Saving to a SQLite Store

When writing data, SQLite ensures that the bytes are actually written through to the drive platter. Since fsync does not make the guarantee this on Mac OS X, SQLite sends a F_FULLFSYNC request to the kernel. This causes the kernel to flush all buffers to the drives and causes the drives to flush their track caches. Without this, there is a significantly large window of time within which data will reside in volatile memory—and in the event of system failure you risk data corruption. The same calls are not made for XML or Binary stores—since they are atomic, there is a much lower likelihood of data loss that involves corruption of the file, especially since the writes are typically atomic and the old file is not deleted until the new has been successfully written.

This behavior means that, in some situations, saving even a small set of changes to an SQLite store can considerably longer than saving to, for example, an XML store (for example, where saving to an XML file might take less than a hundredth of a second, saving to an SQLite store may take almost half a second). Since SQLite is updating part of a file, and loss of that partial update would be catastrophic, Core Data (through SQLite) goes to greater lengths to ensure that the bytes are really written.

You can set the defaults key com.apple.CoreData.SQLiteDebugSynchronous to one of three values, 0 (OFF), 1 (NORMAL), or 2 (FULL)

FULL: all disk syncing is performed via the fctl FULL_FSYNC command—a costly but rock-solid “write my bits to disk” operation.

We got burned in SQLite comparisons against Linux and such – since sqlite on other platforms used the fsync() operation to sync bits to disk (a cheaper but less robust disk syncing operation).

One could launch Aperture with com.apple.CoreData.SQLiteDebugSynchronous set to 0 to see if this improves performance. I’m hesitant to do this on my primary library, because one little mistake might cause the whole SQLite database to become corrupted. My SQLite database file is already 630MB in size. I can easily see how locking and editing a small part of that file can be fast for an individual change, but really long when you take in account dozens or hundreds of changes happening at the same or similar time.

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20 thoughts on “Theory on Aperture Slowdown

  1. Brian says:

    Your 10-retry loop sounds like Apeture is sitting in a transaction, and Timeature is simply unable to get a write lock until all other locks have been cleared. Can you get at the sqlite API itself and register a new busy handler? If so, you’ll be able to see a lot more of what’s happening.

    If Apeture is spinning its beachball for 30 seconds, and it’s the only thing hitting the database, something other than sqlite lock/concurrency is happening. Sqlite is fast when only one application is doing the reads/writes to the database file. Perhaps the problem is more mundane than locks, and the schema needs some more indexes.

    begin transaction; select ; update
    Sleep(24 hours)
    commit;

    No one can write to the database until the above transaction finishes — tomorrow. Sqlite doesn’t time an open transaction and close it because it decides you’ve had it open too long. Maybe Apeture assume it’s the only one who would want to use this database, keeps transactions like the above open too long, and is just not a nice database citizen in general.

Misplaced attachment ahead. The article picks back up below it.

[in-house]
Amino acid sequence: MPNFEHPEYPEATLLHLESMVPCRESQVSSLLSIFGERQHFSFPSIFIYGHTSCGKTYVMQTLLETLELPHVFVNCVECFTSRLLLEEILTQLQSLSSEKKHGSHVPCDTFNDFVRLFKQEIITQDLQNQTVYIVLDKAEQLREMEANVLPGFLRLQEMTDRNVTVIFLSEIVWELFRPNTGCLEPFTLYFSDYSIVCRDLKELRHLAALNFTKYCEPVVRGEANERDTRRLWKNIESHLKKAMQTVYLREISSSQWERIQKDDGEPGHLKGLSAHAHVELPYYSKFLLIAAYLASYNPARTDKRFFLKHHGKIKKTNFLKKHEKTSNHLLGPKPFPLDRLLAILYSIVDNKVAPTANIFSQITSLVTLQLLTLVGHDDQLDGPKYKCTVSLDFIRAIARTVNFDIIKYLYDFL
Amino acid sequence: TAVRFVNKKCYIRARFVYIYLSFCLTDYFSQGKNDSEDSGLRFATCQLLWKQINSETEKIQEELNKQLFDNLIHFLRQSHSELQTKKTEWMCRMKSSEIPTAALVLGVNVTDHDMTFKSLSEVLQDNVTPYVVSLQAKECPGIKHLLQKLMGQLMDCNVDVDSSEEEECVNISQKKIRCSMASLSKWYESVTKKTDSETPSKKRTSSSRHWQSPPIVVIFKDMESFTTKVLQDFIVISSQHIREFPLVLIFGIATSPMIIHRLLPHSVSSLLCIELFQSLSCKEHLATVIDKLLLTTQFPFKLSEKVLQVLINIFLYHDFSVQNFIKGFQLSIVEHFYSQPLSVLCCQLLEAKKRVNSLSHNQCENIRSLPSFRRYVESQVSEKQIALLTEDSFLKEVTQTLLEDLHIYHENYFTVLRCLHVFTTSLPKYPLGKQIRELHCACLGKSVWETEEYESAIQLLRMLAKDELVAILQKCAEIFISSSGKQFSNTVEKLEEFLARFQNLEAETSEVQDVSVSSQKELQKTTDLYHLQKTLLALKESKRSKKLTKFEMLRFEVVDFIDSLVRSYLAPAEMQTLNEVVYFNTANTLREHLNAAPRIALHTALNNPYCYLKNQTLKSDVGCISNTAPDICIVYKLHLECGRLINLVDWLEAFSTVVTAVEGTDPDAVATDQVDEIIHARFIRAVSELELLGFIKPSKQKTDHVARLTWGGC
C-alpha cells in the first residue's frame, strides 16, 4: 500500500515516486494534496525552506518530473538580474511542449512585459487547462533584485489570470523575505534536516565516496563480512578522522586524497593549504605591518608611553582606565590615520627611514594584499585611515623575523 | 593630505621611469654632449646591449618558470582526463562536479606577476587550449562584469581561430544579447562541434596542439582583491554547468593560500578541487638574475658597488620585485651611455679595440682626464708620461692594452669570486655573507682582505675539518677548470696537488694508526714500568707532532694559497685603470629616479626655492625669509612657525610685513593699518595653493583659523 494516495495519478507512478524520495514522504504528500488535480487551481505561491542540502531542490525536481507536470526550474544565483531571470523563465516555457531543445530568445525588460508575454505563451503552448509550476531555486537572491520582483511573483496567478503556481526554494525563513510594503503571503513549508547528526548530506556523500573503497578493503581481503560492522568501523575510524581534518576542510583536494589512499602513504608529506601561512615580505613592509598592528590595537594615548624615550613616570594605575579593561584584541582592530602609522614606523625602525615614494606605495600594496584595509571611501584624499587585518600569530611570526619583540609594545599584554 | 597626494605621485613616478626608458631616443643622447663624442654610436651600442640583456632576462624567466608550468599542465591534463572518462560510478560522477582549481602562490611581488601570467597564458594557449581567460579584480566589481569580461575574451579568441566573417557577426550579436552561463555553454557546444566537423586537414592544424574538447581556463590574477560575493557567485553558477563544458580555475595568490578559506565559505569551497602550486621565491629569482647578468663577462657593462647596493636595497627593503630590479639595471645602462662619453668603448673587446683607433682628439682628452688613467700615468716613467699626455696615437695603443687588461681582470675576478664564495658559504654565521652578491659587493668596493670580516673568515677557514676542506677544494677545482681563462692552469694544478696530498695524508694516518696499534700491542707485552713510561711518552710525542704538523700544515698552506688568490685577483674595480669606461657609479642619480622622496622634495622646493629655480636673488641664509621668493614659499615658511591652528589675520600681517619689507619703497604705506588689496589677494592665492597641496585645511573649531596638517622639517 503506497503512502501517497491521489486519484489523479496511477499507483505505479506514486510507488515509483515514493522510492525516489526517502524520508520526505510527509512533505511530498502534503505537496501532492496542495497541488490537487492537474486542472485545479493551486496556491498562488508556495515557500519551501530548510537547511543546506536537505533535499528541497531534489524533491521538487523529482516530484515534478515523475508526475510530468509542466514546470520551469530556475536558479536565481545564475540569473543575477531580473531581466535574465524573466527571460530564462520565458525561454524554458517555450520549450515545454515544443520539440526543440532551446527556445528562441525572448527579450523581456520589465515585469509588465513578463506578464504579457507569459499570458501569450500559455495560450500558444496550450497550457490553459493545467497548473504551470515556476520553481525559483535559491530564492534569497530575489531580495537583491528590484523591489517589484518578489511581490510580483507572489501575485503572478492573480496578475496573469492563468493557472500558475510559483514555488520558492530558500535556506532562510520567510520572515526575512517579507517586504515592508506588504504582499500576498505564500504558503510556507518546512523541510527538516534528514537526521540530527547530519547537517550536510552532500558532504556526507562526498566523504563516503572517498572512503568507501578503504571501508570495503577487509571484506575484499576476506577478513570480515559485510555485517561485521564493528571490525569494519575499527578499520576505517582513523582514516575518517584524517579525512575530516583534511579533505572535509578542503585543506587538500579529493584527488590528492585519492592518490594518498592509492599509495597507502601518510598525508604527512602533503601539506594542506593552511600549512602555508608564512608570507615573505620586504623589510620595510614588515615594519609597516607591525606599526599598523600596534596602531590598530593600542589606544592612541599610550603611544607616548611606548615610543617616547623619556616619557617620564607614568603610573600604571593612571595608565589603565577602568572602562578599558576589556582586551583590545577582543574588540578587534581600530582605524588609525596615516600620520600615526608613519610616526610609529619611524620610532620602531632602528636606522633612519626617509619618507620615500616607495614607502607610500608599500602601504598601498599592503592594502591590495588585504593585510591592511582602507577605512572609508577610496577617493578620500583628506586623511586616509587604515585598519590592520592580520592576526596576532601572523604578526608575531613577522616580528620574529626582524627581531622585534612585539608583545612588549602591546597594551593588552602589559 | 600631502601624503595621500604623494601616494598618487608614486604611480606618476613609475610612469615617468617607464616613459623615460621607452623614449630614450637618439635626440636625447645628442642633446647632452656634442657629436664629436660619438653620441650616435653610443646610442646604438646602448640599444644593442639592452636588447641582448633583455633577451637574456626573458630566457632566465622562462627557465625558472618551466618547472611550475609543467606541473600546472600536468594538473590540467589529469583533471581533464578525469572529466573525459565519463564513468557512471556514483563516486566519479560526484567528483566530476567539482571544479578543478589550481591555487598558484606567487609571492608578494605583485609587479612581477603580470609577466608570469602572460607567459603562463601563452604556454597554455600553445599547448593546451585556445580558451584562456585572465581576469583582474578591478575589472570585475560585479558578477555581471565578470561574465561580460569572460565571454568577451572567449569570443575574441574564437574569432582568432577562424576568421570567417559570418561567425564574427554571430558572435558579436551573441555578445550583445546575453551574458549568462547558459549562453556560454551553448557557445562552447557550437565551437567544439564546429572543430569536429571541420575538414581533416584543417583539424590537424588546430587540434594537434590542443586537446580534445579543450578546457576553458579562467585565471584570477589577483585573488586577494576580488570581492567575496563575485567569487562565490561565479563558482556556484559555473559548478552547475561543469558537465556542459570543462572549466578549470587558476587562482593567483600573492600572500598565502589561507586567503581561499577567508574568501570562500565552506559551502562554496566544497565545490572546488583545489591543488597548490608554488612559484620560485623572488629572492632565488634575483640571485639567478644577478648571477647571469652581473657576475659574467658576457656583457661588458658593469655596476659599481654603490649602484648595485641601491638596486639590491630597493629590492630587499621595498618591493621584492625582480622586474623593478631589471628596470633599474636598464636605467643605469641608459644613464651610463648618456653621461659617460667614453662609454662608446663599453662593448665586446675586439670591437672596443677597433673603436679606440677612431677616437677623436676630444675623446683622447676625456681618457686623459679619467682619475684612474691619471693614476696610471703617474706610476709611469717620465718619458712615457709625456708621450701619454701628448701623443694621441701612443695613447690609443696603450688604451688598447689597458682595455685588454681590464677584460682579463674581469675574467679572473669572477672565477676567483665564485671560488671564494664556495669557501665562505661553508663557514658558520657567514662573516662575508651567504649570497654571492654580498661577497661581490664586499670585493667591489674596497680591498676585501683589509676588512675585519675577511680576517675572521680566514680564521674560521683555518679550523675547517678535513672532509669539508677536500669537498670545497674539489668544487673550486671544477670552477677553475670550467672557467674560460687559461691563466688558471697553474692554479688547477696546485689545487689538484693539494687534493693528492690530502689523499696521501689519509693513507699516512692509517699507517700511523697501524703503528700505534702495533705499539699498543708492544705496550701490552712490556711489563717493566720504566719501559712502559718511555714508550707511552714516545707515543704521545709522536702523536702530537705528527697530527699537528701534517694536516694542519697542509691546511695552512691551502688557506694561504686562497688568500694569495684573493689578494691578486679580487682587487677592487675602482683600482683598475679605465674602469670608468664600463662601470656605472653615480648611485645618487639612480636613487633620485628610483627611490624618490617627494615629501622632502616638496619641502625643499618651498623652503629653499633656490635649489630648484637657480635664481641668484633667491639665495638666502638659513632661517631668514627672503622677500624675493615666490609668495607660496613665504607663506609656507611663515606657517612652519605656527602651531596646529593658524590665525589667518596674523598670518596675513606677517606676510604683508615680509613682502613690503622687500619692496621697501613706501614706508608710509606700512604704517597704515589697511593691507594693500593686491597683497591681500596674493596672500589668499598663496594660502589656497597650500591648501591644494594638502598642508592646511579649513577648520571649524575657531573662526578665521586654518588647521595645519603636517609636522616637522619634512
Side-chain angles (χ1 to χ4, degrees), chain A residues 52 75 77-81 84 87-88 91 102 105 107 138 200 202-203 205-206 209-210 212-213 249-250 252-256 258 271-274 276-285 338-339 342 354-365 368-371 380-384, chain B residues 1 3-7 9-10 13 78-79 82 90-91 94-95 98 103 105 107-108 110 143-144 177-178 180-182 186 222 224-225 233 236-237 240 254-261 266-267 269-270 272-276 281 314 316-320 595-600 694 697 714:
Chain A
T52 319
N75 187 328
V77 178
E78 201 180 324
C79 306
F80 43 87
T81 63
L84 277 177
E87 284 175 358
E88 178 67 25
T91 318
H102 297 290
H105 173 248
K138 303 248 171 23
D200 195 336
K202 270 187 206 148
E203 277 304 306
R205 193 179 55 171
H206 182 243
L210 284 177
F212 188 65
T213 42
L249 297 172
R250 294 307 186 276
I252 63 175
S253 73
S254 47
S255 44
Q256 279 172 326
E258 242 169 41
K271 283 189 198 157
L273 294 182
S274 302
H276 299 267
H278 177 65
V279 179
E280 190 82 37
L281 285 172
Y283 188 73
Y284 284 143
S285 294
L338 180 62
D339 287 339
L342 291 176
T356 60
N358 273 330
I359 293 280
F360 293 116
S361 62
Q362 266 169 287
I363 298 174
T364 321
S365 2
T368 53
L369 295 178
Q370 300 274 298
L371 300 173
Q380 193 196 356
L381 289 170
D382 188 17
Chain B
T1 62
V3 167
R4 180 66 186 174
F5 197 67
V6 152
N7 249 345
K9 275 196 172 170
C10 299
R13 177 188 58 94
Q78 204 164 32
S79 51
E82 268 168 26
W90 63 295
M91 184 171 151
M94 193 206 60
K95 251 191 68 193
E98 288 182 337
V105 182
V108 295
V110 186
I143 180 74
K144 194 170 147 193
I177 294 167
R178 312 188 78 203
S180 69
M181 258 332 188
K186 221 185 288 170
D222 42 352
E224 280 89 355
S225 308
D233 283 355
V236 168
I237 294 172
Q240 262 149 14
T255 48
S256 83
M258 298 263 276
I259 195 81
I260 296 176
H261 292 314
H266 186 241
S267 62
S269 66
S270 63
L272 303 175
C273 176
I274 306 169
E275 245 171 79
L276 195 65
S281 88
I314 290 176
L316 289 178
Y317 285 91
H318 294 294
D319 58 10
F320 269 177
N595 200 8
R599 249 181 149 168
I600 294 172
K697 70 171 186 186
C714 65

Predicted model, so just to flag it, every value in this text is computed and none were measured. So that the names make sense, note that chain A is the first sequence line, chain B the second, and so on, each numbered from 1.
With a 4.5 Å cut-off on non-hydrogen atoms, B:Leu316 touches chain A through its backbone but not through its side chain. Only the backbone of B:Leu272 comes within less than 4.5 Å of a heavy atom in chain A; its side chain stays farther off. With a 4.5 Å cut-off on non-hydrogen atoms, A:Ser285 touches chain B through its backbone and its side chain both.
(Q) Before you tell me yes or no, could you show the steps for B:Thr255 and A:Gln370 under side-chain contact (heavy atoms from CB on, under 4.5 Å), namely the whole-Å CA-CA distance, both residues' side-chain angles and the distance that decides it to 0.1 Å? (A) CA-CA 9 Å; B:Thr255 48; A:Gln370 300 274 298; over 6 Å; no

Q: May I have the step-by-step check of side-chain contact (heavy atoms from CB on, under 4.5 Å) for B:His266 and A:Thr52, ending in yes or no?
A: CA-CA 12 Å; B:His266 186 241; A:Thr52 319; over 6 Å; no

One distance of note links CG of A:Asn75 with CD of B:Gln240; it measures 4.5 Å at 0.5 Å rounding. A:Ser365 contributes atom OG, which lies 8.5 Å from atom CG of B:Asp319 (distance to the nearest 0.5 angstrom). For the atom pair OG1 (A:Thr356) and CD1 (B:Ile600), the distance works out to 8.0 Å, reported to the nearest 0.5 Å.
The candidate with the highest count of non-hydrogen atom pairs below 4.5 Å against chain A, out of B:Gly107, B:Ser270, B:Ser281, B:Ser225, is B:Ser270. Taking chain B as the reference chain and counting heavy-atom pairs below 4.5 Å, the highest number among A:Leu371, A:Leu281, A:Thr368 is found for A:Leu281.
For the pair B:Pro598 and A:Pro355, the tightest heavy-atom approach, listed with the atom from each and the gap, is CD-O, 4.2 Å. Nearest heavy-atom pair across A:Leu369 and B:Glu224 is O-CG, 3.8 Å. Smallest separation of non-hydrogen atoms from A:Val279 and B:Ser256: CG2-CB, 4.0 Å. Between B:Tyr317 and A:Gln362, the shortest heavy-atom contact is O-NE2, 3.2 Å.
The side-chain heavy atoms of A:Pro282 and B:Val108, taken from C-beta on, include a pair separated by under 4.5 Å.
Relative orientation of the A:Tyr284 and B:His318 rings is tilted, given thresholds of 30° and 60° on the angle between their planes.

From a data-conention point of view… The problem with sqlite (as you quoted) is it locks everyone out of the whole database file when someone gets a write lock to the database — instead of just locking the range of bytes to be modified.

    Sqlite is really fast, small, pretty safe, and experiences tons of concurrency. But there’s this darkside where applications can actually deadlock each other trying to write. It’s not common this happens, but it’s not hard to make it happen either. The upshot is that the bowels of sqlite detects the deadlock and punts to an application-definable busy-handler to resolve. Yes, the application must fix a deadlock caused inside of sqlite. Nice, huh? The stock busy handler just sleeps a few ms, wakes up, tries to get a lock, oops, can’t, goes back to sleep. Neither app progresses as both are waiting for the other app to drop its lock. Think dining philosophers problem. Resolution comes when one application gives up (assuming one does) and relinquishes its lock, and therefore allows the other application to acquire its write lock and continue.

    (for those curious/insane, this happens if APP1 is in a transaction and has acquired a SHARED lock and is going to elevate to EXCLUSIVE. Meanwhile, APP2 acquires locks SHARED->RESERVED->EXCLUSIVE(fails as APP1 has a SHARED lock)->PENDING. Deadlock. APP1 can’t go SHARED->RESERVED->EXCLUSIVE as APP2 has a lock, and APP2 can’t go PENDING->EXCLUSIVE as APP1 has a lock. Neither can progress and neither can go down in lock levels as both are in transactions. APP1 and APP2 busy handlers get called… until someone gives up trying… maybe 30 seconds later, maybe an hour. I can name this tune in three SQL statements)

    I could go on and on about sqlite contention as I’ve spent many hours going through gigabytes of log files trying to hunt down deadlocks and 30-second gaps where all processes just did nothing while everyone should have been writing. The sqlite (www.sqlite.org) documentation covers everything, but it didn’t really sink in until I saw deadlocks happening, and put in statements in sqlite to print out all the lock progressions and walk through everything in all apps. It’s more fun than it sounds. I eventually changed our build of sqlite to reduce concurrency but eliminate the chances of this deadlock… but that’s another story.